Thanks to our generous sponsors and loyal supporters we have raised £248,000 over the years to donate to local charities and good causes.
2023’s Main Charity – Amelia’s Rainbow
Amelia Grace Cooper was born on 27th October 2001
Amelia was athletic and loved dancing, singing and acting; she attended drama school at the weekends and was an active member of her Brownie and Cub Scouts group. So when she came to us with pain in her legs we thought it was a combination of growing pains (which we thought she had been suffering from for years), and over-activity.
The pain didn’t go away however and after numerous tests, scans and consultations; Amelia was diagnosed with stage 4 Neuroblastoma – a very aggressive form of childhood cancer. She had a large tumour which stretched from her kidney to her lung and had metastasised throughout her body and head. On the scan, the only places that appeared to be clear of cancer were her feet and hands.
This was January 2009 and Amelia was seven years old.
Throughout these first months she went through some horrendous treatments, with pain and suffering which would often bring us to tears. However we knew it was her only hope of survival – she was literally fighting for her life. Amelia took it all in her stride of course, riding around the hospital on the drip stand or on her Heeleys, with all her chemo attached. The nurses would often look on in despair and fear as she zipped past them with no hair, no platelets and her cheeky smile!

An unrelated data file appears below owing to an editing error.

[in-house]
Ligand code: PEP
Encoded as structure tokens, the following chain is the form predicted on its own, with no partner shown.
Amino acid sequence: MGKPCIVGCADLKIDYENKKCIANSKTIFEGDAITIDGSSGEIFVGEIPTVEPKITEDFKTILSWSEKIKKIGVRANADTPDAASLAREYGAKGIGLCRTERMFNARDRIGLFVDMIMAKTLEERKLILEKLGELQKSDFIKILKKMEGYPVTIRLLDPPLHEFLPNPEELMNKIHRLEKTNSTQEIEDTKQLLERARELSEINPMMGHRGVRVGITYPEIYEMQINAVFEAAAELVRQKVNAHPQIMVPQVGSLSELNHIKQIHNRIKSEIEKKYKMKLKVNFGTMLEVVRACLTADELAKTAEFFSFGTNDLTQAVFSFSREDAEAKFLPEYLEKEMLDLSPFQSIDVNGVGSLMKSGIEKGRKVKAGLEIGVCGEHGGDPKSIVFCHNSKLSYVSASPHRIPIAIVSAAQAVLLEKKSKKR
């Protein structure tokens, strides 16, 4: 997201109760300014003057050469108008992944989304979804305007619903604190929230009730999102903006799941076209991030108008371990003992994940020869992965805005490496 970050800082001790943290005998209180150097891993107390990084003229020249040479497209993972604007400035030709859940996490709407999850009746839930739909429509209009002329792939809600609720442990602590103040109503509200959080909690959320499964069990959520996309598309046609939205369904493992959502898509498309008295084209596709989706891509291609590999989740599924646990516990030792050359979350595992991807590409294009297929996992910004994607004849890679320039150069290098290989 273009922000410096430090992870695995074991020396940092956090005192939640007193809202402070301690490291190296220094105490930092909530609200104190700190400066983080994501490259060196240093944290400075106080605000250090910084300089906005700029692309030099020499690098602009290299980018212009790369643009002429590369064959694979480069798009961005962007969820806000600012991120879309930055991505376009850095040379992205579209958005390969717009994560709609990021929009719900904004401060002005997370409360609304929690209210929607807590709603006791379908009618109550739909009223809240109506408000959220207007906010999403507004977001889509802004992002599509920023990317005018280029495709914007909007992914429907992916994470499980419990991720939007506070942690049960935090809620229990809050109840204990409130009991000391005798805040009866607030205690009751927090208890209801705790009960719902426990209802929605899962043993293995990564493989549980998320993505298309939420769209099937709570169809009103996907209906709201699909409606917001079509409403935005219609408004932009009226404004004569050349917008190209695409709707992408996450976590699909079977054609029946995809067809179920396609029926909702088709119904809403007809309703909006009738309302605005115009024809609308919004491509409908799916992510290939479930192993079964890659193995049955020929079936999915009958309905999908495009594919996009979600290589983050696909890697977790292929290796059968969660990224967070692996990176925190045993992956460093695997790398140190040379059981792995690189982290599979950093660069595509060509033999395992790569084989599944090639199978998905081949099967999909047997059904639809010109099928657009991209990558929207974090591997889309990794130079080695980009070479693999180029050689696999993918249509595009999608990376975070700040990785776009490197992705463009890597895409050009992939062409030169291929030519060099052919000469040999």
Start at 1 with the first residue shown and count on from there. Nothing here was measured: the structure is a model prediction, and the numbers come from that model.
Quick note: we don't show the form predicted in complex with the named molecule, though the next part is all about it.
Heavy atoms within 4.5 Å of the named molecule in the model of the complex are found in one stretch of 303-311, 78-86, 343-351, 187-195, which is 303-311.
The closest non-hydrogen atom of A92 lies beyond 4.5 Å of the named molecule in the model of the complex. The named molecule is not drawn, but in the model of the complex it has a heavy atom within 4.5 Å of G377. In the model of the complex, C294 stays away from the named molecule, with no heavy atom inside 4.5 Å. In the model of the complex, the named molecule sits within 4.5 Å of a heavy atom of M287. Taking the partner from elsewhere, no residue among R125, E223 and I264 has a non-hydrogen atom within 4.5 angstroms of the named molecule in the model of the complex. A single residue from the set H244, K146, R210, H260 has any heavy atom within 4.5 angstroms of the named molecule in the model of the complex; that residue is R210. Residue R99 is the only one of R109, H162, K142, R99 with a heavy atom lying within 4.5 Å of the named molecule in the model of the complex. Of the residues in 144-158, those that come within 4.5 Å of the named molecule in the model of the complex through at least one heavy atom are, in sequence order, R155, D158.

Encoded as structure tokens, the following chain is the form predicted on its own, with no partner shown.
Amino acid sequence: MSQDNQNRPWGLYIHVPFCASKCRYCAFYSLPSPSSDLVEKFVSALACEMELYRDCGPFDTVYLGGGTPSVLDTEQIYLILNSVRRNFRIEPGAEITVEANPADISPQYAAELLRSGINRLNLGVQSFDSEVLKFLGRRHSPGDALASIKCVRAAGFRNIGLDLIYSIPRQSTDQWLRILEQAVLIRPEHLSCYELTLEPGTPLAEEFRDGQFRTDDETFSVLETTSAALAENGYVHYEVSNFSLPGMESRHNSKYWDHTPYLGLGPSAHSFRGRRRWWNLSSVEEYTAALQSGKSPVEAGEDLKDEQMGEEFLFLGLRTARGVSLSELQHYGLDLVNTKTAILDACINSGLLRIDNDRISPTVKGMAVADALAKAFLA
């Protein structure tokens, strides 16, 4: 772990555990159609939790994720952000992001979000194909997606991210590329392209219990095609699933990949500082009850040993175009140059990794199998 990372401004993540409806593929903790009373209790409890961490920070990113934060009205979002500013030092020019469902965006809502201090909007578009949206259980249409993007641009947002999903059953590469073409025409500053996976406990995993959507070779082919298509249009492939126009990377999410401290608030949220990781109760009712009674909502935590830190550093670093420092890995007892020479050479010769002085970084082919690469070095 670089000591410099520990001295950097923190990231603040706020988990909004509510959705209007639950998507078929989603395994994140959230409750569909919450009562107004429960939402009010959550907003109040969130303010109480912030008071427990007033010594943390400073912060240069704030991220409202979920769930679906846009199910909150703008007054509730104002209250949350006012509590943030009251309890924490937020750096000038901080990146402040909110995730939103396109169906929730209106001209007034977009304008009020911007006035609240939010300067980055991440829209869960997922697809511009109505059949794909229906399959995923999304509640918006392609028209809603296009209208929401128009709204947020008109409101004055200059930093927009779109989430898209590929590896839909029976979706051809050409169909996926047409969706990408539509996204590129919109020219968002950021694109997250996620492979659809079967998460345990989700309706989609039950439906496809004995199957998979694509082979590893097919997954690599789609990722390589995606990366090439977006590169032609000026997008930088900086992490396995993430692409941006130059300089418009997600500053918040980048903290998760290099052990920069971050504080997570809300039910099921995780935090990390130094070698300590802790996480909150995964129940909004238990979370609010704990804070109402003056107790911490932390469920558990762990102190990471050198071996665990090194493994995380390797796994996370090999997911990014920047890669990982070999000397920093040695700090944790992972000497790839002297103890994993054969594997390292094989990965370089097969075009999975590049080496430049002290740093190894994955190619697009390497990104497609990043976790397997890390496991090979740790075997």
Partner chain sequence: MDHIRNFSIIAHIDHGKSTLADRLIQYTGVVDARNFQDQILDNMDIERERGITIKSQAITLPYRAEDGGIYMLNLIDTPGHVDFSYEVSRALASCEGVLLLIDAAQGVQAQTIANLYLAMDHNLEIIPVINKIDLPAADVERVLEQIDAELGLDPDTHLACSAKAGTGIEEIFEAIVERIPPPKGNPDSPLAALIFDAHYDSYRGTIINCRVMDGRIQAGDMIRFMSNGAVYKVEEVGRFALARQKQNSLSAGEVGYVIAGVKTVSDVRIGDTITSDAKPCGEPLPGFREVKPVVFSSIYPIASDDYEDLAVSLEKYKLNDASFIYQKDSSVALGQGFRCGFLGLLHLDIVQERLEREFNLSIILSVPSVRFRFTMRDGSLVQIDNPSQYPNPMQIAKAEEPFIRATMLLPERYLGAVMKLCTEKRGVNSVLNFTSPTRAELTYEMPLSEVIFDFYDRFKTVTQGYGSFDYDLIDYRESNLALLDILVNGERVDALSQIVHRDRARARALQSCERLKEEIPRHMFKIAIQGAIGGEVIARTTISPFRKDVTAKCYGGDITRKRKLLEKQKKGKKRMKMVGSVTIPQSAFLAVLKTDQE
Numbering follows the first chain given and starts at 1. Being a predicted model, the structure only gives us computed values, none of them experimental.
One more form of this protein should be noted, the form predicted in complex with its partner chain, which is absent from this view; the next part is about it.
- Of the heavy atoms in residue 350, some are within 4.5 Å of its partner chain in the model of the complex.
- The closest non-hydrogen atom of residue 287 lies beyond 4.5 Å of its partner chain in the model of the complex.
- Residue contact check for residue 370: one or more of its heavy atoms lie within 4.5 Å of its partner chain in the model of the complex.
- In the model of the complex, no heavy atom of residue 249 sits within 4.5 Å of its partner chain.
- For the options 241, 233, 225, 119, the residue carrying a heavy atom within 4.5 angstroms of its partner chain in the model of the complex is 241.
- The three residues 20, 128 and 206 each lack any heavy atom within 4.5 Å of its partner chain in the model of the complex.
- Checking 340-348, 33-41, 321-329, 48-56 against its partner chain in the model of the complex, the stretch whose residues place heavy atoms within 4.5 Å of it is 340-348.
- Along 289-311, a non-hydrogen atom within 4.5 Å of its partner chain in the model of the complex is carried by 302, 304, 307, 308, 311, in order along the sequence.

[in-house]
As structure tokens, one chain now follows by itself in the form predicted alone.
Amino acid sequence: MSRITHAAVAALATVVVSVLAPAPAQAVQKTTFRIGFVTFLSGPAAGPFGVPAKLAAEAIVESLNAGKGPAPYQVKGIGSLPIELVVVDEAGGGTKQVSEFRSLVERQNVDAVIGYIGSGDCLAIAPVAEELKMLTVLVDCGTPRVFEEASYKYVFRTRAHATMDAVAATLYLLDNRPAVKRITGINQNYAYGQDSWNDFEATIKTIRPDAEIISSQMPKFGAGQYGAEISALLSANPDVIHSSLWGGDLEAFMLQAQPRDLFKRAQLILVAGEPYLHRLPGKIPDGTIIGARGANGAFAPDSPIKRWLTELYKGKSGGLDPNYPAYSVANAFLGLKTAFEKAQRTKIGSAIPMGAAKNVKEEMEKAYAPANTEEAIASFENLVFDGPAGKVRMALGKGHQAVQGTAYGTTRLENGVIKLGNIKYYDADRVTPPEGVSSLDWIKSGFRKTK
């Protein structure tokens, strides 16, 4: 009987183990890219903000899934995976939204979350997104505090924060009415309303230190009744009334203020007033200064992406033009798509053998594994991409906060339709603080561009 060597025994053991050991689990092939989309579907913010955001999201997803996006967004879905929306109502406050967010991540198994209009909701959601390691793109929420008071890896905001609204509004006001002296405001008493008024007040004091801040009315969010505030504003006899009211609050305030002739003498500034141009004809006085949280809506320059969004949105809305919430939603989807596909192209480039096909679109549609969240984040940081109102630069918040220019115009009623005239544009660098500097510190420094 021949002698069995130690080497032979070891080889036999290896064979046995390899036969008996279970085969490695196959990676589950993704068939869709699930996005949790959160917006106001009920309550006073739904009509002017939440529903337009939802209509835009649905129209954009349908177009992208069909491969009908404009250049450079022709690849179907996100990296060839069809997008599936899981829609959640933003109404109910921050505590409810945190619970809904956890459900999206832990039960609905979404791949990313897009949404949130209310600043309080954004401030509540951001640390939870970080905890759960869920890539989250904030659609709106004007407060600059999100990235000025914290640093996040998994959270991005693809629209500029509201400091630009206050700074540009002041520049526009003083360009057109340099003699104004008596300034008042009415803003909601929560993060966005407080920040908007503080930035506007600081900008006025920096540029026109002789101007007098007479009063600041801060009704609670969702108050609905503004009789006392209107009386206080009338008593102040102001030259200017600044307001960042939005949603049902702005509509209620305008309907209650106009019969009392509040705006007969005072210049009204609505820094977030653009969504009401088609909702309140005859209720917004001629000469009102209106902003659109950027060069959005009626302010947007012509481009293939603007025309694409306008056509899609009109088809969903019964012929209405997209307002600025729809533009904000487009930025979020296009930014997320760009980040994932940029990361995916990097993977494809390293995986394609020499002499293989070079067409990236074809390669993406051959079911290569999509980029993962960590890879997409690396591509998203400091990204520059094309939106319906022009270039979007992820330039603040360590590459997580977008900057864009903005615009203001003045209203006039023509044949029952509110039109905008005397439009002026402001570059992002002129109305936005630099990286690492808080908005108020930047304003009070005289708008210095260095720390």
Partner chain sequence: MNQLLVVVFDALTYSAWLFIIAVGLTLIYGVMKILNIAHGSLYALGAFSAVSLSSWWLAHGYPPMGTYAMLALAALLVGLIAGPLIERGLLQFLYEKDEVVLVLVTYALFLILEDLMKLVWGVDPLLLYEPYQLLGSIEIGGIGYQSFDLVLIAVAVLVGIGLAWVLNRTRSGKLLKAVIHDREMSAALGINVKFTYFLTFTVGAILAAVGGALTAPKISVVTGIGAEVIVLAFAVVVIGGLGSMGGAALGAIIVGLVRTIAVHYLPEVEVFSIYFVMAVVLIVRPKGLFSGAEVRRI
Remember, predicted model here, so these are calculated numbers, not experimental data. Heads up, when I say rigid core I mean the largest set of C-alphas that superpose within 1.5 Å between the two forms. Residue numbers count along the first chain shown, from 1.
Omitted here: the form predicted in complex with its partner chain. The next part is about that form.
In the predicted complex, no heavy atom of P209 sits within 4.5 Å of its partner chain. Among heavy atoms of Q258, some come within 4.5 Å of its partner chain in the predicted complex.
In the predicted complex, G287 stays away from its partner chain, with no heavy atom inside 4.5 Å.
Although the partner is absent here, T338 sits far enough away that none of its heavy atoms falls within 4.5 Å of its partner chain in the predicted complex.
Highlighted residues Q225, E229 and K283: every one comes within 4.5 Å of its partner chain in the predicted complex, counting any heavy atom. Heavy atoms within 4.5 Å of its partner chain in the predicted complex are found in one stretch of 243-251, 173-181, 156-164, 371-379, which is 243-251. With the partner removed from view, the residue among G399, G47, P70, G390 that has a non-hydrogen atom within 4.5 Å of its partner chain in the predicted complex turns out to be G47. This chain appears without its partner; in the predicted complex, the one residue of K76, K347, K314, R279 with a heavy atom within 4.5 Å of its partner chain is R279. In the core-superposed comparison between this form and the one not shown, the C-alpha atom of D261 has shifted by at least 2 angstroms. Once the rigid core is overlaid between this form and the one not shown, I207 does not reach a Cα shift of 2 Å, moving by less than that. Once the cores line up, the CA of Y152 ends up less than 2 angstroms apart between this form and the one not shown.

After treatment Amelia appeared to make a remarkable recovery. The medical team were amazed that she had recovered so well with such an extensive disease. In September that year she was back at school with her friends, and went into remission. With all the treatment she had lost her hair, and although she looked just as beautiful without it, it was quite a daunting task deciding how she would tackle school without hair. She decided that she would wear her wig, as she was worried that she would upset some of the other children. This lasted all of two days – by the end of the first week she was swinging from the monkey bars upside down with no wig to be seen!
Sadly, a month later we were back in hospital after the pains started again and an abnormal blood and urine result confirmed our worst fears – the disease had returned. This time we had some major choices to make. We knew that if the cancer came back there was no UK protocol for relapse, and the prognosis was terminal.
We decided to talk to Amelia about it; we were dreading the conversation as we knew how proud she was that she had beaten the disease. The options were that she had higher dose chemotherapy; or tablet chemotherapy at a lower dose; or no further treatment. None of these had anything other than a terminal prognosis; however there was a chance she could extend her time by having more treatment.
Amelia told us straight away that she did not want any higher dose chemo, and opted for the tablets. She was eight years-old and was having to make an unbelievably hard decision, but as her parents we felt it was not for us to prolong her suffering just because we didn’t want to lose her.